The Avenue of Sphinxes was the site of ceremonial processions and originally connected the temples of Luxor and Karnak, although it is considerably more recent than either of those sites, dating to around 380 BC, it stretched some 1.5 miles and would once have had 1,350 sphinxes lining its sides. It's now 6pm and time to head back to the airport, the flight is not until 8pm and we get back to the hotel at 9:30pm, danger I'm in history overload, beer, food and bed needed, it's been one hell of a day.
The work on the website carries on, I'm busy adding new pictures and updating the information on old castle pages, the two this month are good examples. Crookston had been added before we'd visited it, something I try not to do now and the Cockle Park page and pictures were over 12 years old and looked awful. It's not the only bad page on the site, Aprils Newcastle Castle was another added before visited, plus English Heritage and the National Trust keep changing their opening times year on year but I get enjoyment from the website, so it's onward to the next castle hunt, down to Kent me thinks.
For more information, click on the pictures.
|Ballinbreich Castle, OS 59/NO 272-205 Fife Scotland Wallpaper, is my April wallpaper and the picture was taken in January 2013, the view is looking north to the south shore of the River Tay.
The earliest buildings at Balinbreich Castle were 14th century but major reconstructions took place early in the 16th century and again 1572 (to which a dated stone above the entrance attests), when the buildings assumed their present form. They are now reduced to a mere shell but Ballinbreich is still a major courtyard castle but not on the site yet.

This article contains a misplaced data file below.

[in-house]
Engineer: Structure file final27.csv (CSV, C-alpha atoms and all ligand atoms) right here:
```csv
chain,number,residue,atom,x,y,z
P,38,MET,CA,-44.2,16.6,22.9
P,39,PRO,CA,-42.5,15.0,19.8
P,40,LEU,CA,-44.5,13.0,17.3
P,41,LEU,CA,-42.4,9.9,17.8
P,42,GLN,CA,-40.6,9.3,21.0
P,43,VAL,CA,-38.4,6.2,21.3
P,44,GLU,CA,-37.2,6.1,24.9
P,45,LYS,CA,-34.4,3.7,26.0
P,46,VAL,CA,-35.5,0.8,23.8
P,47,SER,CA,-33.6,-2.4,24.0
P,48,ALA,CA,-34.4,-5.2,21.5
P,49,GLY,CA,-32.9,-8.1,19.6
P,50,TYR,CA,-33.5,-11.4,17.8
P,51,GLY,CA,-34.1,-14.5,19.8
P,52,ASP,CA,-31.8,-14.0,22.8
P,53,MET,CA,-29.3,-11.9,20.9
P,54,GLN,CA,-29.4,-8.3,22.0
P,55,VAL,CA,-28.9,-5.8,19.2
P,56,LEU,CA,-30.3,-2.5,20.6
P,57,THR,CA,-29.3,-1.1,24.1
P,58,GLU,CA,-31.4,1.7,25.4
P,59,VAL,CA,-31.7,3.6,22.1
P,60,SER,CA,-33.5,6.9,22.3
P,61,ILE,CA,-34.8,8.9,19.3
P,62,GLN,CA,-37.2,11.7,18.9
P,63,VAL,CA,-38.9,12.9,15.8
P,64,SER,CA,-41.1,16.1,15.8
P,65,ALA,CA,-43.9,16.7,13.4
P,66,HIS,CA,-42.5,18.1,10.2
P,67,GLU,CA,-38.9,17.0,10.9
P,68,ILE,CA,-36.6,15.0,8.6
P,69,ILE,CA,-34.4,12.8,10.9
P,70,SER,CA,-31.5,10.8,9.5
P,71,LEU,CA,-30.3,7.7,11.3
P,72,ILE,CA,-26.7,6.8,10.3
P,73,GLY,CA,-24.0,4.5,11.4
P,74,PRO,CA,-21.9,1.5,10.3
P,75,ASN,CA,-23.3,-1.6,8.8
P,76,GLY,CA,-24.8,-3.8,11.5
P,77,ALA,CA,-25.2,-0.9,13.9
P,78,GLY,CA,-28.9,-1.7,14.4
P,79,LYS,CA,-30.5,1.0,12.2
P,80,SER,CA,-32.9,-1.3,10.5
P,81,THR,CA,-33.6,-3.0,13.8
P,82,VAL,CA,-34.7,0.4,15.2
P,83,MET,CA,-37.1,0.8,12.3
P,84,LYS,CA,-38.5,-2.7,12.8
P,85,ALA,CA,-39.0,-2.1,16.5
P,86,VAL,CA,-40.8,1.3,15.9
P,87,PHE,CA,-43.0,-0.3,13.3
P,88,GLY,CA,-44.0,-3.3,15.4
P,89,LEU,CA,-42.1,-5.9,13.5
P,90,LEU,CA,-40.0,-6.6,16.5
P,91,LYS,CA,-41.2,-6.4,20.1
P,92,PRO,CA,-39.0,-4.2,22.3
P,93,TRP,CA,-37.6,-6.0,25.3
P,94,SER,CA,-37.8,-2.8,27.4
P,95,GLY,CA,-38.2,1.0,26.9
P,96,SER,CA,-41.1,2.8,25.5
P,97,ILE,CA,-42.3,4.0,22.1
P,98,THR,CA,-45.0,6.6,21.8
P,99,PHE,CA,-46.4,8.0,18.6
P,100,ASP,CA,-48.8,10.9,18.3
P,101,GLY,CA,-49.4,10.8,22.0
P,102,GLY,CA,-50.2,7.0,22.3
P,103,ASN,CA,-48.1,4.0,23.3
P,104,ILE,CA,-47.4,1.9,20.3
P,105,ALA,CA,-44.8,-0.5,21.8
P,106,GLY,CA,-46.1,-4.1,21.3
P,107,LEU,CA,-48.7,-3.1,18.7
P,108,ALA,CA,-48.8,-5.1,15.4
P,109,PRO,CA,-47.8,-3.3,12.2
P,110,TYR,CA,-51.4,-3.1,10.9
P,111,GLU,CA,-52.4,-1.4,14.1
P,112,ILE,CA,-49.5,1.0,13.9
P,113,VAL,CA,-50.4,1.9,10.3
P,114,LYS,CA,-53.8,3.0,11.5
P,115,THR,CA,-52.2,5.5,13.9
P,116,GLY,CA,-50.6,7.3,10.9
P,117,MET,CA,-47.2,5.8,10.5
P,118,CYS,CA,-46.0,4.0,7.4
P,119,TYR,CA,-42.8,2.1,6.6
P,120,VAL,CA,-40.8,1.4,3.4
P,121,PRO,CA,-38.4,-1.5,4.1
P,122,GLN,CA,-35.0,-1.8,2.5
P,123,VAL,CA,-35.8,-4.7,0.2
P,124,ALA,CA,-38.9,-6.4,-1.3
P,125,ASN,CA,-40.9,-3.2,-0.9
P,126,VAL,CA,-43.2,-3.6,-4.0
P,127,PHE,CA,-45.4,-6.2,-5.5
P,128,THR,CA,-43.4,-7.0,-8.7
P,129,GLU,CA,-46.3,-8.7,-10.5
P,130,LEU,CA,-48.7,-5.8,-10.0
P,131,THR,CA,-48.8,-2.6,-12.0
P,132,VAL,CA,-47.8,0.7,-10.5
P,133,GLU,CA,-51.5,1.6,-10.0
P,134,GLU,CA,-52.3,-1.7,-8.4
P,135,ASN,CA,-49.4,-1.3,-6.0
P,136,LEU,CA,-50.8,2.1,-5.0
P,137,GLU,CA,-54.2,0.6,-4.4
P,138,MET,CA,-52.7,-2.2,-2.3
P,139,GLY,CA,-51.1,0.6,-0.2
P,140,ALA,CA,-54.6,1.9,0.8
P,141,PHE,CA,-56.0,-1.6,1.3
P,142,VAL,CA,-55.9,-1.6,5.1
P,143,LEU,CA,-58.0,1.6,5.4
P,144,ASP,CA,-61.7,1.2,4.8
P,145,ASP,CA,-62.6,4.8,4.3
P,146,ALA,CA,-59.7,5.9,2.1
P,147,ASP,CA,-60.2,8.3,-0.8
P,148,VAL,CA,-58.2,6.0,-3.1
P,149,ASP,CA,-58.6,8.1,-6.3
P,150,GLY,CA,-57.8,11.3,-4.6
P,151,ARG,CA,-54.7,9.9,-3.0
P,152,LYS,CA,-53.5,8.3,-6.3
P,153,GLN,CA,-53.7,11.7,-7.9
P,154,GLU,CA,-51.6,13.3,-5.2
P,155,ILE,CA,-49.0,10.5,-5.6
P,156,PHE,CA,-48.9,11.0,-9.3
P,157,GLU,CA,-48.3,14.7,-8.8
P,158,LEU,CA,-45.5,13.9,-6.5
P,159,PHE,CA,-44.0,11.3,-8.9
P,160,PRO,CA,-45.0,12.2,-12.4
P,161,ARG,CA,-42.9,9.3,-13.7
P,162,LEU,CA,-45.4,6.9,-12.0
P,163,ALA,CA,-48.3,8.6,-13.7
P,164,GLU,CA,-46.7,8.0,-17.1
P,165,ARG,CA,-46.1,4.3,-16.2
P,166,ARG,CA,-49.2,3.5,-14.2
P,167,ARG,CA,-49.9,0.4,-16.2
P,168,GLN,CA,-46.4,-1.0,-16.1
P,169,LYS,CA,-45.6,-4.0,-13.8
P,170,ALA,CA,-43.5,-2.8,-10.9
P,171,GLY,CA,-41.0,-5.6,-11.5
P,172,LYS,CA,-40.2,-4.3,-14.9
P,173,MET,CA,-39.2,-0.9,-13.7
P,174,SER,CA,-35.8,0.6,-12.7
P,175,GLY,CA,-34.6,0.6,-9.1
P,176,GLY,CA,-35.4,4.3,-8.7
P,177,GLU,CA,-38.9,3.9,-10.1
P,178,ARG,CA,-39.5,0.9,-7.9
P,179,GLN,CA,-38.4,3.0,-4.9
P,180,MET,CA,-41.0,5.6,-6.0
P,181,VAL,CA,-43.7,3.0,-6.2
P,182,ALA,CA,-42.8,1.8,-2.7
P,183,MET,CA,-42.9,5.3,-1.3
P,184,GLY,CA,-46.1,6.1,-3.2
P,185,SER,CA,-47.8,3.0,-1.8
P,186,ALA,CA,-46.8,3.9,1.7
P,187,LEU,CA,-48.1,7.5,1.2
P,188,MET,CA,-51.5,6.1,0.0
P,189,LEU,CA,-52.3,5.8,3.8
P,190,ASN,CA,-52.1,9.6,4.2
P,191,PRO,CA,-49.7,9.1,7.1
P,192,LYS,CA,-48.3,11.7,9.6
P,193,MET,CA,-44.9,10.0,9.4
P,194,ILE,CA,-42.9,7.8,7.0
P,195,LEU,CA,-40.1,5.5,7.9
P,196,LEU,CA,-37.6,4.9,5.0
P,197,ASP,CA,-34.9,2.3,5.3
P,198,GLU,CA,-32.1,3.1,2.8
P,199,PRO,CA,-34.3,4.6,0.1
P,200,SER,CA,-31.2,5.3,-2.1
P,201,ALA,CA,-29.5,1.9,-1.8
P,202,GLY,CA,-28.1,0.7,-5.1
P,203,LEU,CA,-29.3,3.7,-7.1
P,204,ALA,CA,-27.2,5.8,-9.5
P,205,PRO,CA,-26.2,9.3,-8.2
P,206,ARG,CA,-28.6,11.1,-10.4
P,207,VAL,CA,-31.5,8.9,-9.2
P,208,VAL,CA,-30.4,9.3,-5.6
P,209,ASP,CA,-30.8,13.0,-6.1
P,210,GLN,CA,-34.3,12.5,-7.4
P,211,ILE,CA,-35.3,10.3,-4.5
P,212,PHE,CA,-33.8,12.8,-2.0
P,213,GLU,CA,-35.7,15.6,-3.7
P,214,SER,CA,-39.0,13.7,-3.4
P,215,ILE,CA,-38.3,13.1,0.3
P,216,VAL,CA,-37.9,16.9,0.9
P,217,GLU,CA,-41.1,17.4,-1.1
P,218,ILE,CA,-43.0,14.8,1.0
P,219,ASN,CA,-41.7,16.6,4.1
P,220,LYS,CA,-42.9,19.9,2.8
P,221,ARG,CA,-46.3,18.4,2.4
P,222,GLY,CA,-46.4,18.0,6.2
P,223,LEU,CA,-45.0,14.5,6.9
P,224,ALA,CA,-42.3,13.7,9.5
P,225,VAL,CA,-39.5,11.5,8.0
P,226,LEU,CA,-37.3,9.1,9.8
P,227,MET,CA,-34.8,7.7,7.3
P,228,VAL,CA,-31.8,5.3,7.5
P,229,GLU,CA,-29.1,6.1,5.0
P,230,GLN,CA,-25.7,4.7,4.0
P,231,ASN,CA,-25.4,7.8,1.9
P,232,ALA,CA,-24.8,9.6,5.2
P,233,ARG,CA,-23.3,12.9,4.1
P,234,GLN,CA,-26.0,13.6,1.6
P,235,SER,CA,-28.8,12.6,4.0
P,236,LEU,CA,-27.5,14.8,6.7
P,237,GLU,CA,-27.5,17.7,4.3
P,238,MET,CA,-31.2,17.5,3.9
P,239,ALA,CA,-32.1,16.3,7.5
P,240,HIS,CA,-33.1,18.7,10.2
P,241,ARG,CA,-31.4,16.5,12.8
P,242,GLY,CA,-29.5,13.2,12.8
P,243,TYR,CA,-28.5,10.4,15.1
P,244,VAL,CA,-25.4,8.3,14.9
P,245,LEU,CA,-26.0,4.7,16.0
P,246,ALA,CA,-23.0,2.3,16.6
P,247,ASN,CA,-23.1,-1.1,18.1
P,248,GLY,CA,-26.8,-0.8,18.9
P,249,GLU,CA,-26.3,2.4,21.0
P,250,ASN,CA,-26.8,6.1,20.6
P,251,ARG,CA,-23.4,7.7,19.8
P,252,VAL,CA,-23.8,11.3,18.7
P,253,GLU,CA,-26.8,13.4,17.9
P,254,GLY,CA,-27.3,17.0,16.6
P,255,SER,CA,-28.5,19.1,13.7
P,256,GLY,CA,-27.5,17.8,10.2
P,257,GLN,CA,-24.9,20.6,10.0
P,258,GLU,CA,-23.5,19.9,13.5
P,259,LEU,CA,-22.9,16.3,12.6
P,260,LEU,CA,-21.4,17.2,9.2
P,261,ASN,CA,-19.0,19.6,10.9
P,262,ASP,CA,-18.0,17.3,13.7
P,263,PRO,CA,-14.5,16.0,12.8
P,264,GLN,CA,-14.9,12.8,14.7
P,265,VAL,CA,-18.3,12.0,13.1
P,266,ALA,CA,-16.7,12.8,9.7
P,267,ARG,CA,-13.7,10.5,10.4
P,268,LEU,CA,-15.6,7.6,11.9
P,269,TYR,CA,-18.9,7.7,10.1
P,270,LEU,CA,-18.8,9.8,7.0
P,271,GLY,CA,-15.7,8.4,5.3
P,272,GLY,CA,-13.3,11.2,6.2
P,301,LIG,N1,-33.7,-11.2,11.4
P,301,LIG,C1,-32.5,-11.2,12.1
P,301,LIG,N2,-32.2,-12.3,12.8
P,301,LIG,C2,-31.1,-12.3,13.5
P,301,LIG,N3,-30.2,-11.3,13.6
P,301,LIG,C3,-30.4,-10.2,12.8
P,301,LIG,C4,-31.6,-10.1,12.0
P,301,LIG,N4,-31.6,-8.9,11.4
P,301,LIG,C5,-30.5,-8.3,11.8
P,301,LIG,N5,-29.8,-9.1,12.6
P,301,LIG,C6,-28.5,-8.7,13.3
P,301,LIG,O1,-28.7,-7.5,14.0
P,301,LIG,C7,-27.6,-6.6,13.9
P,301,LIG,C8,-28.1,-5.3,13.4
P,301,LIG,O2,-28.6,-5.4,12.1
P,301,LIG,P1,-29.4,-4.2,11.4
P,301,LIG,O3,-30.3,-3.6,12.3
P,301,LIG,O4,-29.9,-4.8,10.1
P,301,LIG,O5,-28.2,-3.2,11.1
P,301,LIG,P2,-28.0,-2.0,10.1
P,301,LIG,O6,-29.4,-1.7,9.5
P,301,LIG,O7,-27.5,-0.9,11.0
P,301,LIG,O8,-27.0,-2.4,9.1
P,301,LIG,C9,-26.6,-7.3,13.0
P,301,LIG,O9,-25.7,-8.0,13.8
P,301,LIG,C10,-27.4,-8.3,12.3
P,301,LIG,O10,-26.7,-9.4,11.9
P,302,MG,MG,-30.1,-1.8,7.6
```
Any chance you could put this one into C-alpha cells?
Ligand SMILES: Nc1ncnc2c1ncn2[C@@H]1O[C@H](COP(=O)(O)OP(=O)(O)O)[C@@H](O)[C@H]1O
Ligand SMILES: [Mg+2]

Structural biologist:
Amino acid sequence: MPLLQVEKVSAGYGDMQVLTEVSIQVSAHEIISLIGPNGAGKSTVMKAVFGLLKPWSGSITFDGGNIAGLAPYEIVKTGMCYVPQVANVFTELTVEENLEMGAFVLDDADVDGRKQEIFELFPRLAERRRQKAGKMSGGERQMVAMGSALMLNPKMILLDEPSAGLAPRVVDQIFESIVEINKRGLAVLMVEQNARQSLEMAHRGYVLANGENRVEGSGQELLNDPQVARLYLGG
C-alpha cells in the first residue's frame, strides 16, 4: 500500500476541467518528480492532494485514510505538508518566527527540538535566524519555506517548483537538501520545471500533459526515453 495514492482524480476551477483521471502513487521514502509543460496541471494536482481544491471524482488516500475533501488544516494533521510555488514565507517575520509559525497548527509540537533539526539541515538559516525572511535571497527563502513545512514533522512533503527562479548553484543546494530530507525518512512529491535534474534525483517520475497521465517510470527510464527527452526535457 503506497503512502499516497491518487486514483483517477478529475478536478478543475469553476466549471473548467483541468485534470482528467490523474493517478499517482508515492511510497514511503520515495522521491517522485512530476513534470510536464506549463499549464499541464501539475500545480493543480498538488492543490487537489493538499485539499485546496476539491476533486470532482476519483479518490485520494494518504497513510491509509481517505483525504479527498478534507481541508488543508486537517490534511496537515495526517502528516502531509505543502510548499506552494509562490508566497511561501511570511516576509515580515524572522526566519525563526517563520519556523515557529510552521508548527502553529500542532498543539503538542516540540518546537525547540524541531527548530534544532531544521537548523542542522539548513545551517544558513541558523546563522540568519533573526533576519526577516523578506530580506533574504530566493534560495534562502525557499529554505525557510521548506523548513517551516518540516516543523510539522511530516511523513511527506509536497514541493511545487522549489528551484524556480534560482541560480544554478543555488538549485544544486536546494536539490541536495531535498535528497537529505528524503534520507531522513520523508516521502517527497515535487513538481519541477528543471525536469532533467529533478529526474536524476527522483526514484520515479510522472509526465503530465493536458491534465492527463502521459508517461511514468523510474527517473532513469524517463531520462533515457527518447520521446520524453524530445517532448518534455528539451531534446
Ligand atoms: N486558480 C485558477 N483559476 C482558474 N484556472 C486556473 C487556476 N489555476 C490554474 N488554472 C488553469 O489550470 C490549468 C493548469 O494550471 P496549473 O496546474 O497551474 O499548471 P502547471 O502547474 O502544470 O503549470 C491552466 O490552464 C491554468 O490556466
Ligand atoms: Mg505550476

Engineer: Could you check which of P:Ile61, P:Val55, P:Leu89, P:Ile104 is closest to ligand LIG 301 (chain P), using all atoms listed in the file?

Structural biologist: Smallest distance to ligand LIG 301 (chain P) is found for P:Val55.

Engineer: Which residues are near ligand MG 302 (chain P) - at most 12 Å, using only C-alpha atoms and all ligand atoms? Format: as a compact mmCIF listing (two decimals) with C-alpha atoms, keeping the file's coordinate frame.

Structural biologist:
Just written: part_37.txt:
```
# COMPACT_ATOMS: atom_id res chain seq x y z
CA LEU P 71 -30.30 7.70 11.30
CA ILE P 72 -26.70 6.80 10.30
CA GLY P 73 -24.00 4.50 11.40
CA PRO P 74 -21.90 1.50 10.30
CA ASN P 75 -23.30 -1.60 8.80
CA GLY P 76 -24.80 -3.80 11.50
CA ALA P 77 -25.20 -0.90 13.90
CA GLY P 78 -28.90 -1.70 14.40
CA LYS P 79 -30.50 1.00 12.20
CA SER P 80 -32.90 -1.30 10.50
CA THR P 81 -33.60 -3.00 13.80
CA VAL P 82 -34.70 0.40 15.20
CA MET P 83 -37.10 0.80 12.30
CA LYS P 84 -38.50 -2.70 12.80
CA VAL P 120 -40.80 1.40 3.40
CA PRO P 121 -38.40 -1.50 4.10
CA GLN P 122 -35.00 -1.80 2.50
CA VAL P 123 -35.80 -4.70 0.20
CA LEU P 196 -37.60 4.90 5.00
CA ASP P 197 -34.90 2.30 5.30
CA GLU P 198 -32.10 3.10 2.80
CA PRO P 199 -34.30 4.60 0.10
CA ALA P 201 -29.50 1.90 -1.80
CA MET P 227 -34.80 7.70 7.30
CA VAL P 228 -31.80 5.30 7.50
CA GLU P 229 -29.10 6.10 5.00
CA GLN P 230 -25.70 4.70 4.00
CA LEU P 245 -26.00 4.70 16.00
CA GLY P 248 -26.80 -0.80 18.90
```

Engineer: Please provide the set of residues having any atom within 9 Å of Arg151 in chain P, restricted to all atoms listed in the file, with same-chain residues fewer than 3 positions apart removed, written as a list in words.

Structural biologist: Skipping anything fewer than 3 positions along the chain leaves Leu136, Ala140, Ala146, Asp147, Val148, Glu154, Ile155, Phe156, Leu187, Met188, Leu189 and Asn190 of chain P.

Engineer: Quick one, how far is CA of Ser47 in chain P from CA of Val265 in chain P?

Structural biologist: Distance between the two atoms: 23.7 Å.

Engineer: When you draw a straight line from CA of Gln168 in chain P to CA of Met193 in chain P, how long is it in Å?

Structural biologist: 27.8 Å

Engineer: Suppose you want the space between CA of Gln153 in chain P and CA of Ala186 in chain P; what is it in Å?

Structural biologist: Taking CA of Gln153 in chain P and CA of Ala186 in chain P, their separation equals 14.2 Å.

|Crookston Castle, OS 64/NS 525-627 Lanarkshire Scotland.
Is a late 12th century earth and timber ringwork fortress, founded by Robert Croc. Standing on the summit of a hill, in the early 15th century the Stewarts of Darnley, added a stone X-plan tower house in the banked and ditched ringwork. The site is owned by Historic Scotland and is freely accessible in daylight hours.
Good castle ruin that's got everything, it's easy to find and get to, the big stone tower is encased by great earthworks and you can get to the top plus it's all for free.
|Cockle Park Tower, OS 81/NZ 201-911 Northumberland England.
Is probably an early 16th century stone L-plan tower house, founded by Sir William Ogle. Of three storeys and an attic, a stair-turret projects on the north-east side of the rectangular tower and the ground entrance in the re-entrant angle. This northern side retains a barrel vaulted ground floor, mural chambers, a machicolated parapet and corbelled-out circular bartizans on the angles. The site is part of the tenant farming unit of Newcastle University and is visible from the road, visits are by appointment only.
Great looking tower, restored in 2012 and removed from the Heritage at Risk Register.
|Vespa GTS Supersport 300
This stylish orange GTS Supersport is available in the most powerful 300cc electronically injected engine. The Supersport edition takes all the style, handling and performance attributes of the GTS Super model whilst bringing extra touches of distinction and character to this top selling model, this one's all mine, chromed up and looking good.